KITCHEN: poem by Adrianna O'Shea
And upon hearing that word, I find myself alone, In the Autumnal half light Cooking my first meal in this new place: Curry from a jar and undercooked rice.
Later, the kitchen, still soulless and new, Is filled with the faces of people That I don't yet know, I recall the clashing of regional accents and glass bottles,
In the morning, I find them empty, assembled In a row of different shapes and colours, Glinting in the sugary sunlight. I cast them, one by one, into the abyss of a black bin bag.
The pin board is now adorned With take-away flyers and dealer's cards, Which dance like bunting in a harsh breeze. I sit on the sofa, talking through a film that I don't care for.
'I went to a life drawing class today, And then when the guy came in with his dick out I was the only one who laughed- to my dismay.' The finished drawing- a disproportionate figure
With bulging thighs, lies on the pinboard, The yellow paper curling over the days and months. We pose jokingly for a picture with the fiery haired man, But I'm still convinced he was my masterpiece.
That night, a nylon wig and fake blood were my accessories: A reimagined Ginger Spice. I threw the first pumpkin that sat softening on the window sill, Which prompted a drunken, competitive fight.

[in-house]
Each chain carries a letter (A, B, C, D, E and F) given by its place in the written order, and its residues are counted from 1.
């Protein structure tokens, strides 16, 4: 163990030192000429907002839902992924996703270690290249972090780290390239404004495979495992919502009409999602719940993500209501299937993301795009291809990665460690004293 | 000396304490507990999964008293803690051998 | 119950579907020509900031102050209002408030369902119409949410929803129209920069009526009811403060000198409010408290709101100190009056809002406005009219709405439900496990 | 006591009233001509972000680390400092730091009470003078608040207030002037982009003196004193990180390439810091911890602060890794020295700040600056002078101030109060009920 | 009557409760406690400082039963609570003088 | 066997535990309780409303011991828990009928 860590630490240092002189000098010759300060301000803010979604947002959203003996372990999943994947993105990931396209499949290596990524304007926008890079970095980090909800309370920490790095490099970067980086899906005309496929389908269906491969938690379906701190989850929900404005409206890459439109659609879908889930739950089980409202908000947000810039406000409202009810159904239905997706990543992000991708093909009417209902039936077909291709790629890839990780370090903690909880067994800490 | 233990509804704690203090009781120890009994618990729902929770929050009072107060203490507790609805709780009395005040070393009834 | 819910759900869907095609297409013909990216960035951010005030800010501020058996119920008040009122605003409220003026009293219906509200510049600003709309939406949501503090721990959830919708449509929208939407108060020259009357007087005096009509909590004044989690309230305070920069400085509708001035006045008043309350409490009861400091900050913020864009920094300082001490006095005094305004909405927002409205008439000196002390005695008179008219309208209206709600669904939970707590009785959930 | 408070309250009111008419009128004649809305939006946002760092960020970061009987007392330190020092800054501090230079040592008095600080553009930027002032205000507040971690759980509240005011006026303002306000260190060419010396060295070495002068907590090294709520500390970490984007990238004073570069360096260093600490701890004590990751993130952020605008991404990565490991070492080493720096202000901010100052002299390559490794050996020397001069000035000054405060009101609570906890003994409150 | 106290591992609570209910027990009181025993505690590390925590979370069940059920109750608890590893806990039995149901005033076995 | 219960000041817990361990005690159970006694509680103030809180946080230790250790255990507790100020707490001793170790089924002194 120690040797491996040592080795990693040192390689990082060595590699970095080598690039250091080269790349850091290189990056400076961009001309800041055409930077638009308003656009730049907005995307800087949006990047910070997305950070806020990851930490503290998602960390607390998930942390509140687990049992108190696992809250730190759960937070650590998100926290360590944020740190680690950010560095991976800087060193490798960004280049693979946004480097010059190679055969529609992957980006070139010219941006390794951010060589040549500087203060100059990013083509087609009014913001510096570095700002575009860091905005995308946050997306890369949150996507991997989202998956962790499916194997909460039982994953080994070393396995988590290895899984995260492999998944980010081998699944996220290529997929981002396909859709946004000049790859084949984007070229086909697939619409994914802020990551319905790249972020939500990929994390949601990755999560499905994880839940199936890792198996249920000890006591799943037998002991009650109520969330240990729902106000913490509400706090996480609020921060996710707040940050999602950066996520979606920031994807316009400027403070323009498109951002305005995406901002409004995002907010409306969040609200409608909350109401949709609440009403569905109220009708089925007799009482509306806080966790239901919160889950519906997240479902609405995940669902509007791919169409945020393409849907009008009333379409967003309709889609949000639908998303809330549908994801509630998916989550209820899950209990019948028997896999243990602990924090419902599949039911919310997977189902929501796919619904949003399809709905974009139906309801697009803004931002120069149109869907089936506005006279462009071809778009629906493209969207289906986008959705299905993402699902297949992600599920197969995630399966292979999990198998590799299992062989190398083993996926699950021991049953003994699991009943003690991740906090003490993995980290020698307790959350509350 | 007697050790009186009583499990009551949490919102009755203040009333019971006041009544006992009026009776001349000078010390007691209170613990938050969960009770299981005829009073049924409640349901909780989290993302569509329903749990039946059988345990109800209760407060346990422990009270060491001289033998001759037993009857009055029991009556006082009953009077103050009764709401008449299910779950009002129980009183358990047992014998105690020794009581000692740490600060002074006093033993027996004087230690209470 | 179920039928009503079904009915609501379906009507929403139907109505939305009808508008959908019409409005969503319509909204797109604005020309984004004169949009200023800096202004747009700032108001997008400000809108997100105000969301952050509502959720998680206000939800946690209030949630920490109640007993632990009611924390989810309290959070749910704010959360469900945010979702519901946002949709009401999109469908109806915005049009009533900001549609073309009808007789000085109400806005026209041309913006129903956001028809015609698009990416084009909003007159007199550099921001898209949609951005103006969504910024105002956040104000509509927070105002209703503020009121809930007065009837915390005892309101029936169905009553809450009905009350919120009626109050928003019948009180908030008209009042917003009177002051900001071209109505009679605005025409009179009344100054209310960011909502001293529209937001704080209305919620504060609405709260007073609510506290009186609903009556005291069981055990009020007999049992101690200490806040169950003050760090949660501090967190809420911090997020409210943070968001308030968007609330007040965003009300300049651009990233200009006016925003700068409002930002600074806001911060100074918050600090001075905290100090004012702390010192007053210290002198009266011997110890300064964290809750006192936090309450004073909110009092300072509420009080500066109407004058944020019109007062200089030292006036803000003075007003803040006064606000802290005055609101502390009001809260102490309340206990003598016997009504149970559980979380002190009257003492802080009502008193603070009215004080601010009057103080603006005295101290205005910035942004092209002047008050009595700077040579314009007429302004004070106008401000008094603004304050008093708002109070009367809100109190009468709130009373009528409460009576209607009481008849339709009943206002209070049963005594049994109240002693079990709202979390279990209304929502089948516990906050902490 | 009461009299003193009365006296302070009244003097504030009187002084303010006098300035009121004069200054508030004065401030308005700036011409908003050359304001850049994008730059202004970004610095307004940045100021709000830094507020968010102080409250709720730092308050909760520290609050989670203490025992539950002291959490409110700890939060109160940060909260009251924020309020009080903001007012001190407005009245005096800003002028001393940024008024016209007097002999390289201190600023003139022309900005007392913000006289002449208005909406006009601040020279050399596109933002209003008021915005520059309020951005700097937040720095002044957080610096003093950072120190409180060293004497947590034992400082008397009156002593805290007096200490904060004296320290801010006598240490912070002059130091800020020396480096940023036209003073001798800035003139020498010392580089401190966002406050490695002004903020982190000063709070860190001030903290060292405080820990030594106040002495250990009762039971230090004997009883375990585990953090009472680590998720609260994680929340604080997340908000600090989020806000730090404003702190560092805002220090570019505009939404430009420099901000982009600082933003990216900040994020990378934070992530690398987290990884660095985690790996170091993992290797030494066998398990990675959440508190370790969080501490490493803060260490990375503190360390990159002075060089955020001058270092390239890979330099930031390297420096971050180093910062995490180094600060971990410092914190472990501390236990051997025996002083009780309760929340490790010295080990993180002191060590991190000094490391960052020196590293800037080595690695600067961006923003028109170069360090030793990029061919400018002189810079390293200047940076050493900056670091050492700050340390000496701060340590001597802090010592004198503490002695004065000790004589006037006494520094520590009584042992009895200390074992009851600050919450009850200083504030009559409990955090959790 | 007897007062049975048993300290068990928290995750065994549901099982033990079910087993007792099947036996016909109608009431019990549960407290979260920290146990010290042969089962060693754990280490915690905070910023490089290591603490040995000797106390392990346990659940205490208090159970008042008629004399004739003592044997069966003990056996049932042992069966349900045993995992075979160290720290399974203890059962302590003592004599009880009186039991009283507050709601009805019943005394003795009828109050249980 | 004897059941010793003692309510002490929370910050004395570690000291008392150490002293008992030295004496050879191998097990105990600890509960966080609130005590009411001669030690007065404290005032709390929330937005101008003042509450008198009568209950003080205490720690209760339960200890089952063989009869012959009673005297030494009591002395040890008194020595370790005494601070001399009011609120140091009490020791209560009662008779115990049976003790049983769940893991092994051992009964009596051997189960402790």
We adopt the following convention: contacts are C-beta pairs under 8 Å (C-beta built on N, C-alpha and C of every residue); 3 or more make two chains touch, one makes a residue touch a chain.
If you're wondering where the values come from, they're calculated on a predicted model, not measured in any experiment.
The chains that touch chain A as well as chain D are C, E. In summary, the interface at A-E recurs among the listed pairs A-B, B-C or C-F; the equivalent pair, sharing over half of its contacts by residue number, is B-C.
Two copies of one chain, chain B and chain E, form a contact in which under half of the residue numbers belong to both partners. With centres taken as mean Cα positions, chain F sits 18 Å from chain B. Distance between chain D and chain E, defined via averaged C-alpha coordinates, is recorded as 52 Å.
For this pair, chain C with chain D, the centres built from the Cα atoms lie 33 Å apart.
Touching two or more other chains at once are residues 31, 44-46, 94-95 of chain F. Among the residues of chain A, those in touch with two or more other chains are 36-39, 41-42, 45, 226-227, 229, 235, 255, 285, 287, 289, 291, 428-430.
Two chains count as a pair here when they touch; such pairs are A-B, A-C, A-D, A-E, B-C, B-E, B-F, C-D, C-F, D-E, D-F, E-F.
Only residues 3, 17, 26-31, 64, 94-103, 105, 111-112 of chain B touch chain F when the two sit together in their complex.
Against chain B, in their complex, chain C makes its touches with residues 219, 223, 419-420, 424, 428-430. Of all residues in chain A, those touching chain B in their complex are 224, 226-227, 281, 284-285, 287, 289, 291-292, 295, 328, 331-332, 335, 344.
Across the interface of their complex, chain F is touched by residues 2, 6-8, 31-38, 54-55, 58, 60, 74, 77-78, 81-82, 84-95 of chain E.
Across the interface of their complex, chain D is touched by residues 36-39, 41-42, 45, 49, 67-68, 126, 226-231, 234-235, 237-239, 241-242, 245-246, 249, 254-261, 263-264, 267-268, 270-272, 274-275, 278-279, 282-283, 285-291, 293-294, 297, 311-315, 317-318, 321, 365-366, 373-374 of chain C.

Other nights we sat in the darkness, cross faded, With Bowie's tingling guitar riffs blaring, My eyes glowed green as their whites turned to red, And I didn't even try to grasp the last ounce of clarity in my head.
Maybe I should have done. The houseplants withered for lack of light, And oil burned in the pan, making the
Room opaque with thick smoke.
I slammed the door, my hair dripping, My body shivering, but not because of the cold, March night. “How dare he!” I roared, ripping through the silence, As a Converse-clad foot ripped through the dry wall with a
Thud! Then, I exhaled, shocked, eyes wide. Fractured plaster lay at my feet. I stared at my creation: A black, foot-shaped hole, A fall from grace that I knew I couldn't hide.
That evening, my flatmates laughed about my fit of rage, Stunned by how out of character it had been. We wrote a message and placed it an empty vodka bottle, hoping it would be found by the future residents of the
Weeks later, the perpetrator of my anger Stuffed a dying bouquet of white carnations Into the open hands of the wall: A protruding peace offering.
I had my own alteration to make to the room, Pinning an Ikea bag 'round the perimeter of the burning ceiling bulb, An action which plunged the room into a mystic blue, Dark shadows replacing the familiar faces of friends.
The time had come, and I thought, That the kitchen would look better as an aquarium.
Adrianna O'Shea is an aspiring writer from an old mill town in Greater Manchester. She loves to write both poetry and prose, usually choosing to focus on social issues and emotive personal experiences within the landscape of Northern England. Now based in Leeds, Adrianna is studying social work at university. She loves to explore new places and meet new, interesting people.